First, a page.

Fewer, bigger, better – putting theory into practice

By Simon Bailey, Director at The Forge

In last month’s Empower publication we discussed the importance of businesses facing into post-lockdown challenges by doing ‘fewer, bigger, better’. If you haven’t yet had a chance to listen to the Podcast that inspired the piece, then you can find it here.

At the heart of the discussion is an exploration of the things that get in the way of pursuing a focused agenda; everything from politics to ‘shiny new toy’ syndrome. Having examined and interrogated WHY it can be difficult for businesses to prioritise, we thought it would be helpful to follow up with a piece on HOW they can get better at it.

Introducing the Big Framework for Growth (BFG).

The BFG is a proprietary Forge framework that we use to help our clients focus and prioritise when thinking about how to grow. It helps businesses identify where there are opportunities for growth, whilst flagging future risks and dangers. We have been using this framework for a number of years with clients including Unilever, VF Corp and Zurich, but it has become particularly relevant in the context of the pandemic.

The great thing about the BFG is its simplicity and flexibility. At its heart it is a customer-centric framework, based on the intersection between two drivers of consumer choice, i) Motivations - the desires that consumers have to do or achieve something, and ii) Solutions – the products, services and experiences available to fulfil those motivations. When you map these axes against each other, you can break down the growth challenge into addressable, bite-sized chunks.

pic 1

The flexibility of the framework is also partly derived from the way it can be populated and deployed. The Motivations axis is typically informed by analysis of existing data sets, bespoke quant surveys, data modelling, qual depths/groups, social media analysis and segmentations.

The Solutions axis looks at usage and trend-sources, in and beyond the category, e.g., ethnographic approaches, market trawls, trends, R&D roadmaps, technology & emergent IP etc. Often, our clients have much of this data inhouse so the model requires little fresh research.

So how does the BFG actually work?

To answer that let’s explore the four quadrants that sit within the framework.

pic 2


01/ Improve current category delivery

In this quadrant, growth is achieved by identifying opportunities to better deliver against the current category dynamics through the deployment of improved solutions, or by more effectively targeting priority or valuable motivations.

Fever Tree did this when it seized upon the growing motivation for increased provenance, flavour sophistication and premiumisation in gin and brought enhanced quality and botanicals to a previously moribund category. Heineken 0.0 has done this too. The motivation to have a non-alcoholic beer has been around for decades but Heineken were among the first to bring a solution to market that delivered on taste.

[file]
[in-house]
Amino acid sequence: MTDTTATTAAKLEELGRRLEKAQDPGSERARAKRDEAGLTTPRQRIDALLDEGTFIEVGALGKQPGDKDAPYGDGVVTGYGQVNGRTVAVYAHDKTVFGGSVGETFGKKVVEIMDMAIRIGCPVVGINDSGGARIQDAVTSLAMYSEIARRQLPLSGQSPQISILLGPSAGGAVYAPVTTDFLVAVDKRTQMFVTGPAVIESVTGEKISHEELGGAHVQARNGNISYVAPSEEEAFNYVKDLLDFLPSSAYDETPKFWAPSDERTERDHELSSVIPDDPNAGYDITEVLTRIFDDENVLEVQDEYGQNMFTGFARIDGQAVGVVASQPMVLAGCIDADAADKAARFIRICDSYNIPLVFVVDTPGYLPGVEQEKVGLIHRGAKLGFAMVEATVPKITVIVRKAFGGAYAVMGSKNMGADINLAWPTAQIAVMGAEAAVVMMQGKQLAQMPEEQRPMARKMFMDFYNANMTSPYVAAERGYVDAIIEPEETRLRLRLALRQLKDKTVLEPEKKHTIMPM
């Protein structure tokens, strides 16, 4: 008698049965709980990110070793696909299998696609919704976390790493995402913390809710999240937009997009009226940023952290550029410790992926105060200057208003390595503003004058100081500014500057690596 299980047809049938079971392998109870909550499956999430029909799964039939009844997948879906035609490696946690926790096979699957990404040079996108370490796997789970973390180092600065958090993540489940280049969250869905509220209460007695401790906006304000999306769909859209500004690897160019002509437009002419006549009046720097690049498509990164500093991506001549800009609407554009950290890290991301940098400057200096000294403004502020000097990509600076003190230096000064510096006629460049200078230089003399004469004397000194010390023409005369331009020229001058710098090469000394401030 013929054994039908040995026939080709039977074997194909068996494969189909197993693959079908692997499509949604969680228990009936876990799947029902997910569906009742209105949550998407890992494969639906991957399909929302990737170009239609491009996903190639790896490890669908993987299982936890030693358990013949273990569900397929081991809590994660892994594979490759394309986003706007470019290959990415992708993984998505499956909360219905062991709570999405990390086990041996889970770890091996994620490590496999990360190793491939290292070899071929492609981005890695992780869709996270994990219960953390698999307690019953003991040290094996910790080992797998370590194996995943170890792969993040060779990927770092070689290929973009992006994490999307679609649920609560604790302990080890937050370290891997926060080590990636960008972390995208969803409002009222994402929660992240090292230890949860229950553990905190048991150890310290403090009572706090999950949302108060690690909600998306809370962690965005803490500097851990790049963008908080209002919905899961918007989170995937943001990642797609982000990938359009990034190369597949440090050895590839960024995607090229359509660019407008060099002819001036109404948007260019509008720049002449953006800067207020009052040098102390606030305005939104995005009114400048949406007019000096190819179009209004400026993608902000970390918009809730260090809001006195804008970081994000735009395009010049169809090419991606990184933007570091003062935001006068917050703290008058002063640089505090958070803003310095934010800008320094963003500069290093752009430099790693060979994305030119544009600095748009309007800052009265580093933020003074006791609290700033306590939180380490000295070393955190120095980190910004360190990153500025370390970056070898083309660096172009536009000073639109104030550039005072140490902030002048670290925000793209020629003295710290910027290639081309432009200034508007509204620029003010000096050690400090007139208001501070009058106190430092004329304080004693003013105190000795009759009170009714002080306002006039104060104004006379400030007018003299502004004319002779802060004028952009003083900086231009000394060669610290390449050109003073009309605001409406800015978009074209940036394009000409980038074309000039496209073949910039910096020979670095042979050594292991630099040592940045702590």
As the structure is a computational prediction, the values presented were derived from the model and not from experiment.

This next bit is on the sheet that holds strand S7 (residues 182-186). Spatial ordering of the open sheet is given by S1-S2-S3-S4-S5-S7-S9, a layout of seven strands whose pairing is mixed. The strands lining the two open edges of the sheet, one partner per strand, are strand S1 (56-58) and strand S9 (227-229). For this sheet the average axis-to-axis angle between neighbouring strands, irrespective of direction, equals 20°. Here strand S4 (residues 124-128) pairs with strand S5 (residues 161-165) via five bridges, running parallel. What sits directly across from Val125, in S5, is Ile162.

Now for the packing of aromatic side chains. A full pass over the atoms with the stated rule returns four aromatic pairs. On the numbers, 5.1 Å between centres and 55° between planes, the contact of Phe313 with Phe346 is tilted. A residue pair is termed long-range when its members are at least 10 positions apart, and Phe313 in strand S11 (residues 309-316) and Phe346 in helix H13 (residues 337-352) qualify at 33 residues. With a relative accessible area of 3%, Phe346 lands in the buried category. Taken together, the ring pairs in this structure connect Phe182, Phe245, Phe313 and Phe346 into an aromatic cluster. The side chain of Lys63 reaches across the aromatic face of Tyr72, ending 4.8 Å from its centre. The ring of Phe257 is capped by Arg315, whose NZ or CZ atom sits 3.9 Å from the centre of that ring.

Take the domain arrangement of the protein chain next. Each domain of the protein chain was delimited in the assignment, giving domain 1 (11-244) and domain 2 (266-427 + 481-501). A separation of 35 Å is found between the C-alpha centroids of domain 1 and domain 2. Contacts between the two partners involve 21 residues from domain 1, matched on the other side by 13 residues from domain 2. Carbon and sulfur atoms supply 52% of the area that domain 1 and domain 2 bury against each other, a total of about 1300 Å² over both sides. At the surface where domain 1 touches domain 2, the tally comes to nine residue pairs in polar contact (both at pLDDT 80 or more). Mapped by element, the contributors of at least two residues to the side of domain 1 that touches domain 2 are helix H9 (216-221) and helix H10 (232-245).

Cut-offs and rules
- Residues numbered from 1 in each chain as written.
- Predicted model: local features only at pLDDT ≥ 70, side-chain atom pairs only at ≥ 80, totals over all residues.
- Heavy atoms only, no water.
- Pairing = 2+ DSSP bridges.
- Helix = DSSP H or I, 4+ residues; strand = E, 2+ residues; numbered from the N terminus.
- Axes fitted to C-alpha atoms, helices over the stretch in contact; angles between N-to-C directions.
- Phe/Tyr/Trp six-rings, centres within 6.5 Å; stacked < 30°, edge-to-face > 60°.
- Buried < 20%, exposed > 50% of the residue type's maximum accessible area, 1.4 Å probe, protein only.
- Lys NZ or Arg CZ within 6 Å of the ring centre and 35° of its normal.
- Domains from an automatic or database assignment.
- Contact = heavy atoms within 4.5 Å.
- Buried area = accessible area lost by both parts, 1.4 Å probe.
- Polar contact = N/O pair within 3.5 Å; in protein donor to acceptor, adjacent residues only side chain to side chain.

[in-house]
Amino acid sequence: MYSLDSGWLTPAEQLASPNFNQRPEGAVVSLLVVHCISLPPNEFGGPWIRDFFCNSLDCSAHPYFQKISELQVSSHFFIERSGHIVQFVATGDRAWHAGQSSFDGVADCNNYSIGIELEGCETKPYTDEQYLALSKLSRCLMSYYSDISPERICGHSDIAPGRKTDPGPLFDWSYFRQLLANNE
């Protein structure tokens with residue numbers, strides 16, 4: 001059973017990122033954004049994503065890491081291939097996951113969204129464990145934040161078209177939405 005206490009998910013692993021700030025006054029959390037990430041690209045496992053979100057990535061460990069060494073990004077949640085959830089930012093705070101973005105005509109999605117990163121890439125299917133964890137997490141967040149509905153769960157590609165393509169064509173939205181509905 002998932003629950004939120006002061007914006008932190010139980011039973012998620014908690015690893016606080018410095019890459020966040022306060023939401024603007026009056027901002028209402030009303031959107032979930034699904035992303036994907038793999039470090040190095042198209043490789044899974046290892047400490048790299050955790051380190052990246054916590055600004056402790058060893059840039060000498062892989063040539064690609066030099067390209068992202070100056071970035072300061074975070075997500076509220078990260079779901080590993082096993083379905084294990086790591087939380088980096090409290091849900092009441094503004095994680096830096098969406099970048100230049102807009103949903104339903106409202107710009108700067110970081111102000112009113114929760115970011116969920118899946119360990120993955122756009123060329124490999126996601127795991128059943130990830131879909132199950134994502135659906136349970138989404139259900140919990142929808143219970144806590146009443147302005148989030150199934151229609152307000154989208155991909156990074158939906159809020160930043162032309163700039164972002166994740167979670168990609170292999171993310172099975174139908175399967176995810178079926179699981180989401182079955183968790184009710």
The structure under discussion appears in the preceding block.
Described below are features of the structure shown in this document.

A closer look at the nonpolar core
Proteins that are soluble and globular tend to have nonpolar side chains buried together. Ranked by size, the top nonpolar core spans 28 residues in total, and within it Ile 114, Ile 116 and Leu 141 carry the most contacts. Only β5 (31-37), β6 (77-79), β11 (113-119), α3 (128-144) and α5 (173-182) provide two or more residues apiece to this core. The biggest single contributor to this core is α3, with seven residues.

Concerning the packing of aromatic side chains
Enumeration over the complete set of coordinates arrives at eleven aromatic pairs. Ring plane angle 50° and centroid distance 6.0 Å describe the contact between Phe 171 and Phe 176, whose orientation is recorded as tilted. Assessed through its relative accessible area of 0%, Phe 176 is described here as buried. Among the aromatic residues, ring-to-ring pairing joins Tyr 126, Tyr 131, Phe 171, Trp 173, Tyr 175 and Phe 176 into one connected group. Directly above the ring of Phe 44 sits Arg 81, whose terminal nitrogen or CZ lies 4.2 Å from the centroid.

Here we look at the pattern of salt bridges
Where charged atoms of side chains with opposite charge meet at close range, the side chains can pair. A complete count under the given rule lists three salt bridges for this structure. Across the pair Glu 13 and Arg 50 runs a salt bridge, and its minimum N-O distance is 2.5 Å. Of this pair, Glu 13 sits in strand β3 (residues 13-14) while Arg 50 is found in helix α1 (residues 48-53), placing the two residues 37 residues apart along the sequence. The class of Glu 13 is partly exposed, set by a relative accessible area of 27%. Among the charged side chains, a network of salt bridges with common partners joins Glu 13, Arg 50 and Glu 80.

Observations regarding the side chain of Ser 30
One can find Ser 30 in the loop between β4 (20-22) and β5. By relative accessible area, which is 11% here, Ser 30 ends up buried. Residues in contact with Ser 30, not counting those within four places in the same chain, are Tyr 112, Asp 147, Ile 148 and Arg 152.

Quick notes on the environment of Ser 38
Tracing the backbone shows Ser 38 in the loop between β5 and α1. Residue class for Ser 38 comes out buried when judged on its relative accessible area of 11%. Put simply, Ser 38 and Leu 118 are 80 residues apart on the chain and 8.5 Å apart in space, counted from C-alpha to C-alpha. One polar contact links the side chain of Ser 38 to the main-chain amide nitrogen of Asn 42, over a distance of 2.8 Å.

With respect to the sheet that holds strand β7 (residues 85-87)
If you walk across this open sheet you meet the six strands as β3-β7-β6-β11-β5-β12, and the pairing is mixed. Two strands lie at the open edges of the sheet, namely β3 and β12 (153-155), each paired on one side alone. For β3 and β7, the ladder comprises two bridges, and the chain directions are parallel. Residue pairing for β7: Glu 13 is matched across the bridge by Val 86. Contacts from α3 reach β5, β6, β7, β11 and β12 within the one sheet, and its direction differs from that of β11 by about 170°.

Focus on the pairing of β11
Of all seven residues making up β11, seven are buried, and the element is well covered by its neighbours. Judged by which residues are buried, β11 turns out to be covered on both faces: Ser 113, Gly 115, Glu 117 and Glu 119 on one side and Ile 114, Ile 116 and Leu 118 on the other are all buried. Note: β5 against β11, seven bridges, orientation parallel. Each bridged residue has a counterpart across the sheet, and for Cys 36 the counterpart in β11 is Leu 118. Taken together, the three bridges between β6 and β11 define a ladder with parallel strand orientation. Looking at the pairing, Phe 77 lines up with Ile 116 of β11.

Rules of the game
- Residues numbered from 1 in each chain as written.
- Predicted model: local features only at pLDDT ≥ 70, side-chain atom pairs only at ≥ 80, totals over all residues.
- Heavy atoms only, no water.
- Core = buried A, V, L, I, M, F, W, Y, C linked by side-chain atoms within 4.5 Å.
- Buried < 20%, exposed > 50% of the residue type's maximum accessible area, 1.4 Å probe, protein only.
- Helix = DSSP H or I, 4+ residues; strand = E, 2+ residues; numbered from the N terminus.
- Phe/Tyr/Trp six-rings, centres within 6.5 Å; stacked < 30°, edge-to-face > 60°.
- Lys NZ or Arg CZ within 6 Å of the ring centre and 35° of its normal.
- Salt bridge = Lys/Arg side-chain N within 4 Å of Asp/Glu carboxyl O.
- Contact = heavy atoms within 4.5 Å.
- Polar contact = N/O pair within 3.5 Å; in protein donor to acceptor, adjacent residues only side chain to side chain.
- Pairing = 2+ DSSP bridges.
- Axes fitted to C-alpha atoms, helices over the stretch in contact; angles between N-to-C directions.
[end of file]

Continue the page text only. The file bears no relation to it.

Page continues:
02/ Create new types of solution

This type of growth is achieved by meeting existing motivations with new and improved solutions.

Purplebricks, the online estate agent is still tapping into the need for sellers to achieve the best price for their house, it’s just offering a more innovative and cost-effective way of doing it. Zendium the natural antibacterial toothpaste is still addressing an existing motivation for better oral health; it’s just doing it in a way that works in harmony with your own microbiome.

03/ Drive new motivations

In this third quadrant growth is achieved by delivering to new motivations, helping to evolve what the category can do for people.

Rapha the high-end cycling apparel business met a new motivation for wealthy middle-aged people to look good and perform on their road bikes. Dettol Laundry simply took the antibacterial trend that already existed in adjacent categories and encouraged its adoption in Laundry. Both of these examples illustrate how you can evolve a category by delivering to new motivations.

04/ Change the rules

The final quadrant is the realm of genuine disruption. A step change in the way a category operates. Where new motivations are combined with new solutions.

Nike+ met the emerging motivation for personalised fitness tracking and coaching with new technology that could be integrated into your training shoe. Tesla changed the rules of the whole automotive category. It offered a unique combination of performance and eco-benefits, delivered without the need for a conventional dealership network. No-one realised they wanted this unique combination of benefits until Tesla decided to deliver them.

By breaking down the growth challenge into clearly addressable quadrants, the BFG helps you to identify where and how behaviour is changing and focus your efforts on the things that really influence where consumers decide to spend their money.

Want to learn more?

And as we mentioned earlier, depending on your appetite and situation, the BFG can become a fully validated commercial document with sized opportunity spaces, growth trends, overlaid with brand heartlands and territories, providing a robust map of the fewer, bigger, better bets to make for the future growth of your business.

More on the BFG can be found here. Find out more about how we work at The Forge in our whitepaper: How To Create A Winning Customer Strategy


Enjoy this? Get more.

Our monthly newsletter, The Edit, curates the very best of our latest content including articles, podcasts, video.

This question is for testing whether or not you are a human visitor and to prevent automated spam submissions.

Become a member

Not a member yet?

Now it's time for you and your team to get involved. Get access to world-class events, exclusive publications, professional development, partner discounts and the chance to grow your network.